Indian Diplomat to Leave U.S. After Visa Fraud Indictment
Devyani Khobragade, the Indian diplomat accused of visa fraud for allegedly underpaying her babysitter, agreed to leave the U.S. as early as tonight, hours after she was indicted in Manhattan.
Khobragade, 39, who was charged in the indictment with making “multiple false representations” to U.S. authorities to obtain a visa for the caretaker, had been about to board Air India Flight 102 this afternoon, her lawyer Daniel Arshack told U.S. District Judge Shira Scheindlin at a hearing today. Khobragade wasn’t present, according to a transcript of the proceeding.
“I instructed her not to board that flight because I felt that there was at least a possibility that it would be viewed as flight” from prosecution, Arshack said at today’s hearing. Khobragade was later ordered by the State Department to leave the U.S. on the soonest flight and intended to do so, he said.
Arshack said his client had “diplomatic status” and told the judge she no longer had jurisdiction over the case.
“I was not willing to permit her to depart without appearing before your honor,” Arshack said.
Khobragade was first charged Dec. 12. Her case triggered a falling out in U.S.-Indian relations when news circulated that she was arrested by the State Department’s Diplomatic Security Service in front of her daughter’s school in upper Manhattan and strip-searched while being held with other female suspects. She was released on $250,000 bond which was unsecured.
At today’s hearing, Arshack asked Scheindlin to vacate his client’s bail.
Assistant U.S. Attorney Amanda Kramer told Scheindlin that the State Department had issued a directive that Khobragade “leave the United States.”
“There is no need to exonerate her bail conditions because the prosecution in this case will proceed,” Kramer said.
Sheindlin later agreed that Khobragade wouldn’t be accused of bail jumping if she agreed to comply with the State Department’s request. “Counsel has represented that she is getting on the first plane on which she can get a ticket, hopefully tonight or tomorrow,” the judge said. The judge deferred any decision on bail for a later date.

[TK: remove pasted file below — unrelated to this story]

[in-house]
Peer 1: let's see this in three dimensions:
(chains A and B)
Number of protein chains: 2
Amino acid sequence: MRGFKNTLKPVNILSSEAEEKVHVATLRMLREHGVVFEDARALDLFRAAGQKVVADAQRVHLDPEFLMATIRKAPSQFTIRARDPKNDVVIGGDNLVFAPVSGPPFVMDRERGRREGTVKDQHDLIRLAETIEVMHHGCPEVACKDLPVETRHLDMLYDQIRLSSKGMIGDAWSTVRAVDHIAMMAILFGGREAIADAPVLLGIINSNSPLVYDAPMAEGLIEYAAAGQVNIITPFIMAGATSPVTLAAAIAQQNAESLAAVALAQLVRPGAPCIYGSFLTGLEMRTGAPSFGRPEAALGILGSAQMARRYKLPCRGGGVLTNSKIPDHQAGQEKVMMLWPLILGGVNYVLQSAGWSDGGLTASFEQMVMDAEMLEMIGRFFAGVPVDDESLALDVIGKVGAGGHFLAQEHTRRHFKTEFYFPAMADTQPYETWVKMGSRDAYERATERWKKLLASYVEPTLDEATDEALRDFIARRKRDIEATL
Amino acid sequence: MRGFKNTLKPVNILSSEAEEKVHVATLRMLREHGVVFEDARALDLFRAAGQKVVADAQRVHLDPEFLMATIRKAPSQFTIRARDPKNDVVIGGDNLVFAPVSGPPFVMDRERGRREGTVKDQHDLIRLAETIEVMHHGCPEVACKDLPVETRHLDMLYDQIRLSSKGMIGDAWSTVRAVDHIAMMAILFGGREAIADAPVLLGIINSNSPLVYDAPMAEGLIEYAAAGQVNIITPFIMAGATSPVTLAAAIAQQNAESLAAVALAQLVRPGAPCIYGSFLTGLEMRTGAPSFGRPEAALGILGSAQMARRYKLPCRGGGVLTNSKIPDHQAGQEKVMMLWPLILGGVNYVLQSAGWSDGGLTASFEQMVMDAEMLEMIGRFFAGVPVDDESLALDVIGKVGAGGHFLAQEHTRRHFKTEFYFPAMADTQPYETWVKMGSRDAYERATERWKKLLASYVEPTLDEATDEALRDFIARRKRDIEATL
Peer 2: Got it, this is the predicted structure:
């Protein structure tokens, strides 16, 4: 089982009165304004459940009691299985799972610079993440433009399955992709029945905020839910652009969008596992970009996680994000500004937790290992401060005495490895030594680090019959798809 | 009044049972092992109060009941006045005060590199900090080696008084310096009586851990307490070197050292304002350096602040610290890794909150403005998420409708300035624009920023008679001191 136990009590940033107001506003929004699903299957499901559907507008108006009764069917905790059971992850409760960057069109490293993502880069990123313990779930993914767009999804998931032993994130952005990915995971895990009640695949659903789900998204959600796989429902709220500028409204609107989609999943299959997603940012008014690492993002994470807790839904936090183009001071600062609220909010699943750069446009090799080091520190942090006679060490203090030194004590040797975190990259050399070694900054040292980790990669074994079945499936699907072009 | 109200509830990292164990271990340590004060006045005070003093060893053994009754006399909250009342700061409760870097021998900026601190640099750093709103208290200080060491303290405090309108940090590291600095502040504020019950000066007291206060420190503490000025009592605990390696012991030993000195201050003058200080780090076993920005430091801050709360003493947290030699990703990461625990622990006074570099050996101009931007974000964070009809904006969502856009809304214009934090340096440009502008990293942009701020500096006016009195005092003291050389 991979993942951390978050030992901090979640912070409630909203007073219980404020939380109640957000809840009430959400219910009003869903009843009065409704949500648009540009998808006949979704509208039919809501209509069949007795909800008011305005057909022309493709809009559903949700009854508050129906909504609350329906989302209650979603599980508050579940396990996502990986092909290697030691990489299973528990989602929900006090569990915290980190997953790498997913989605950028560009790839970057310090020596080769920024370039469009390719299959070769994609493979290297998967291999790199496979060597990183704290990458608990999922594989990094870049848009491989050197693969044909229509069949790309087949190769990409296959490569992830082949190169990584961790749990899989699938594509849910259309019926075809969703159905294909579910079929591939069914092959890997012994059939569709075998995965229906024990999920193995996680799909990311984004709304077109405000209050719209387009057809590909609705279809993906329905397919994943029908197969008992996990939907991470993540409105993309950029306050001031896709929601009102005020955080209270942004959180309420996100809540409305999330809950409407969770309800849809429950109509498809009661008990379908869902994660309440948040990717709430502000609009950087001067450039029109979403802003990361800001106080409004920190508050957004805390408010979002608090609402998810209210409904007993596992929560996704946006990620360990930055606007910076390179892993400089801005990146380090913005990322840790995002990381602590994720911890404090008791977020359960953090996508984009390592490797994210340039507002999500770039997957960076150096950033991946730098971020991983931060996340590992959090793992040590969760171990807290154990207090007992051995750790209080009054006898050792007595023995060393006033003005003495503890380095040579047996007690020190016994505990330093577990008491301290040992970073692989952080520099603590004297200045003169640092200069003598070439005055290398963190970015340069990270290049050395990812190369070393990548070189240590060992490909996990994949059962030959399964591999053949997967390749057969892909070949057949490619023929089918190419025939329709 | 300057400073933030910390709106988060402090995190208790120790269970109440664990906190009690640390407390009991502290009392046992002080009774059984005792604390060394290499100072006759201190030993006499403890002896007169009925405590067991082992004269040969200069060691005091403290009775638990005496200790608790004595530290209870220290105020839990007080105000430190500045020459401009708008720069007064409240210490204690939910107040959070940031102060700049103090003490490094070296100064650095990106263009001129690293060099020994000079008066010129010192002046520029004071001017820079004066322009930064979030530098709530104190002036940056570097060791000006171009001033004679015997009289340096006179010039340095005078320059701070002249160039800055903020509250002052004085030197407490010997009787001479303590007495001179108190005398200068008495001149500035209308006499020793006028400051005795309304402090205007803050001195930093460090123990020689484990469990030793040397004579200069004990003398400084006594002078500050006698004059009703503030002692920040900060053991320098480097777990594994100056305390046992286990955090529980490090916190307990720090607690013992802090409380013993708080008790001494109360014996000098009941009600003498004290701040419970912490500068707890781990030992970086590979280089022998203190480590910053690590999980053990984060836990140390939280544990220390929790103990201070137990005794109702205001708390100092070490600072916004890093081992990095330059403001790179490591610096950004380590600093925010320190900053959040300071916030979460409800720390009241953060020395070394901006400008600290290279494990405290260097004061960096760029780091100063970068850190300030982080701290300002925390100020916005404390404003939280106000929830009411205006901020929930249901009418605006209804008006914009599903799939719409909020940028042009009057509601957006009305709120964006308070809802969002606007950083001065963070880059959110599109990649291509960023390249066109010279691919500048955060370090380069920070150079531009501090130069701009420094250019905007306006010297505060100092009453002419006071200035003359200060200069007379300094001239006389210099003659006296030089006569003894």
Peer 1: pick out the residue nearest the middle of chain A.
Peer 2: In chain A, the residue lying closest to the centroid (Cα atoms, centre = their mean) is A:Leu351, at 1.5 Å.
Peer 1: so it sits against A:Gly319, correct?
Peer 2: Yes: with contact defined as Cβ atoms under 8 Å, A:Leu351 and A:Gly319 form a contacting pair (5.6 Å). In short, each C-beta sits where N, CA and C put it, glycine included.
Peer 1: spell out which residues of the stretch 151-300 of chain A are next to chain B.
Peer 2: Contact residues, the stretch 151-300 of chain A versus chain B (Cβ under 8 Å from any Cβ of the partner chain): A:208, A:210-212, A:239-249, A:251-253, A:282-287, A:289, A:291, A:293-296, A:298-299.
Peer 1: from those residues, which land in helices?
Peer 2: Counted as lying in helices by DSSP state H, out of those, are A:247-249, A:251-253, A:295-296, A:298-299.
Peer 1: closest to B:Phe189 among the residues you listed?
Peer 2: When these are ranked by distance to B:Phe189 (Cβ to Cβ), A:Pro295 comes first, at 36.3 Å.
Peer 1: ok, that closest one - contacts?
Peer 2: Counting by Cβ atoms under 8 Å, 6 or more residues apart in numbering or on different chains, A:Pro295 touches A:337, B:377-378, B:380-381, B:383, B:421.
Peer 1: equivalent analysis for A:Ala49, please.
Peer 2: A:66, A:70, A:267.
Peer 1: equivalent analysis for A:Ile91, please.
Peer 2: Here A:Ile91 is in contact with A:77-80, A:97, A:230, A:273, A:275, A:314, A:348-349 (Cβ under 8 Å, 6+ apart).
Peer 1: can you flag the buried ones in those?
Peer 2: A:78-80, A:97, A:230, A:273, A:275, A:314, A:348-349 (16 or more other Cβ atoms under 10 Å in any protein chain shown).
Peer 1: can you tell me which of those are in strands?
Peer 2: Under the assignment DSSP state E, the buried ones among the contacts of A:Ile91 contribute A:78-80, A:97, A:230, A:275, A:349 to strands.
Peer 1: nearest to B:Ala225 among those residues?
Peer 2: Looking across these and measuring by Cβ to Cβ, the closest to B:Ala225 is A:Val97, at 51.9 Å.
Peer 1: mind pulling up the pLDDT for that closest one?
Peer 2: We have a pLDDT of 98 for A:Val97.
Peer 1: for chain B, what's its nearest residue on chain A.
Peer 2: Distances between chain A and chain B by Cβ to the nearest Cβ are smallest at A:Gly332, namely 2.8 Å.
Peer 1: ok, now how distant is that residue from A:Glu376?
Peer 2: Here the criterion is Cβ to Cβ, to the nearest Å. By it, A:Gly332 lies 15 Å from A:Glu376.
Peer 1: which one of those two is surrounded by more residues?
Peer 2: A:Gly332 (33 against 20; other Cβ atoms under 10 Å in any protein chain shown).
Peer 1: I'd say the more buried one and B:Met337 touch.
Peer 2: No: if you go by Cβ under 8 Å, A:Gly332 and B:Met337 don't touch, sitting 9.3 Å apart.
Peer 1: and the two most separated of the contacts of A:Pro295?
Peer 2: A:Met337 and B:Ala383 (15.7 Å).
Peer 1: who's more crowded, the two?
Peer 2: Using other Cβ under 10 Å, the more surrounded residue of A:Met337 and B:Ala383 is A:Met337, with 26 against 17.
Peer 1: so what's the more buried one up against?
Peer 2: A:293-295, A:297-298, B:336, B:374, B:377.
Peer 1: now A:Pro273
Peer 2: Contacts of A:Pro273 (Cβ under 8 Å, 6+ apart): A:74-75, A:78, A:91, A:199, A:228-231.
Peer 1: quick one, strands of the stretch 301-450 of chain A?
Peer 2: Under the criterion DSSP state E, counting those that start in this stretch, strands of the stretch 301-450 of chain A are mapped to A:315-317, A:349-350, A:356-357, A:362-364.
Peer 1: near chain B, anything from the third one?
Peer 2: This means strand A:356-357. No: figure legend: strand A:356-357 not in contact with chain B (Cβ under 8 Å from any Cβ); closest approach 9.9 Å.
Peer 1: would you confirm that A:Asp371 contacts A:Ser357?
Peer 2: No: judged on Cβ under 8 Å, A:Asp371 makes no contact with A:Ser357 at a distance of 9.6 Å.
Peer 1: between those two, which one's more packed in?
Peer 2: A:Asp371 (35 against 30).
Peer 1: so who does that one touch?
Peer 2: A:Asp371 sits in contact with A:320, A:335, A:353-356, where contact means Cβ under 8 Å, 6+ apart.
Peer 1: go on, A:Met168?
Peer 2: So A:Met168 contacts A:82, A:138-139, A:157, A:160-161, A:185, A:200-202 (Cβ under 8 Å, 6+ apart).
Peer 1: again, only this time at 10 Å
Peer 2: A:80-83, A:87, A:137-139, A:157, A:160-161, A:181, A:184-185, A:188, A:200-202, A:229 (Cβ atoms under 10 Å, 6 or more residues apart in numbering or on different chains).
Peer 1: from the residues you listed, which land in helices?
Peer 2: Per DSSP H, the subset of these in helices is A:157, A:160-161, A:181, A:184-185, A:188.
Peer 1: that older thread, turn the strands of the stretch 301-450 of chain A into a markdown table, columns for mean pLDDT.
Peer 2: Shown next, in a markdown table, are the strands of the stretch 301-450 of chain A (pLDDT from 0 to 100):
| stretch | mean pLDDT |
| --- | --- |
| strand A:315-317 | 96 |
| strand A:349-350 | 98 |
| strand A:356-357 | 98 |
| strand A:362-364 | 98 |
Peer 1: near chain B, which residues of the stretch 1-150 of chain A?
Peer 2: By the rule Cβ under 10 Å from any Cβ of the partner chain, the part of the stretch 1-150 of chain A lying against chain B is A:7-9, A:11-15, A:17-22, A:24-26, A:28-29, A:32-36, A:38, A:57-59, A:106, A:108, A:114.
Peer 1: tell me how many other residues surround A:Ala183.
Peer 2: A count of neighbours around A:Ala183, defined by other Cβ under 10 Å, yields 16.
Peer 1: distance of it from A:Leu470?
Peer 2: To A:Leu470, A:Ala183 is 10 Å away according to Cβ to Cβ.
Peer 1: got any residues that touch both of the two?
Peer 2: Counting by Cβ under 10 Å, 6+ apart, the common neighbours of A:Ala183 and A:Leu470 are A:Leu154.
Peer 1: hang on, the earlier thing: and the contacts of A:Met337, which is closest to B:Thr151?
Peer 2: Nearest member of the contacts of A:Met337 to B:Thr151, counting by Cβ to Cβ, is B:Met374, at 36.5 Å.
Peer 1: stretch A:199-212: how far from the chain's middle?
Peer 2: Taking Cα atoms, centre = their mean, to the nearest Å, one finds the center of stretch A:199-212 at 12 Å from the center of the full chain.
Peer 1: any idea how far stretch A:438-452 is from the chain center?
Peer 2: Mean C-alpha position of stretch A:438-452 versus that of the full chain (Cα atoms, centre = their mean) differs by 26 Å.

The visa fraud charge against Khobragade carries a maximum prison term of 10 years, while the false statements charge has a maximum term of five years, said prosecutors in the office of Manhattan U.S. Attorney Preet Bharara.
“Khobragade did not want to pay the victim the required wages under U.S. law or provide the victim with other protections against exploitative work conditions mandated by U.S. law (and widely publicized to foreign diplomats and foreign officials),” according to the indictment.
The office initially said this afternoon that Khobragade had left the country today. Minutes later, Jim Margolin, a spokesman for Bharara, said the State Department had supplied incorrect information and only learned that she remained in the U.S. after her lawyer contacted officials.
“Preet Bharara’s reports to the contrary, Devyani Khobragade has not left the country, she is at home with her children,” her lawyer, Daniel Arshack, said in a statement.
“We are pleased that the United States Department of State did the right thing today by recognizing the diplomatic status to which Dr. Khobragade has always been entitled,” Arshack said in a statement issued late tonight. He accused the government of committing a series of “blunders.”
Prosecutors said they’d been engaged in plea discussions with Khobragade and her lawyer as recently as Jan. 5.
In a contract Khobragade submitted as part of the visa application, the diplomat said she paid the babysitter $9.75 an hour -- above minimum wage as required by law, State Department Special Agent Mark Smith said in the original criminal complaint. In a second contract, the diplomat agreed to pay the babysitter 30,000 rupees a month, or $573, the U.S. said, which came out to $3.31 an hour. New York minimum wage is $7.25 per hour.
After her arrest, Khobragade was named by her country to serve as a member of its permanent mission to the United Nations, a position that gave her a higher level diplomatic immunity than she enjoyed as deputy consul general at India’s consulate general in New York.
The case is U.S. v. Khobragade, 14-cr-00008, U.S. District Court, Southern District of New York (Manhattan).
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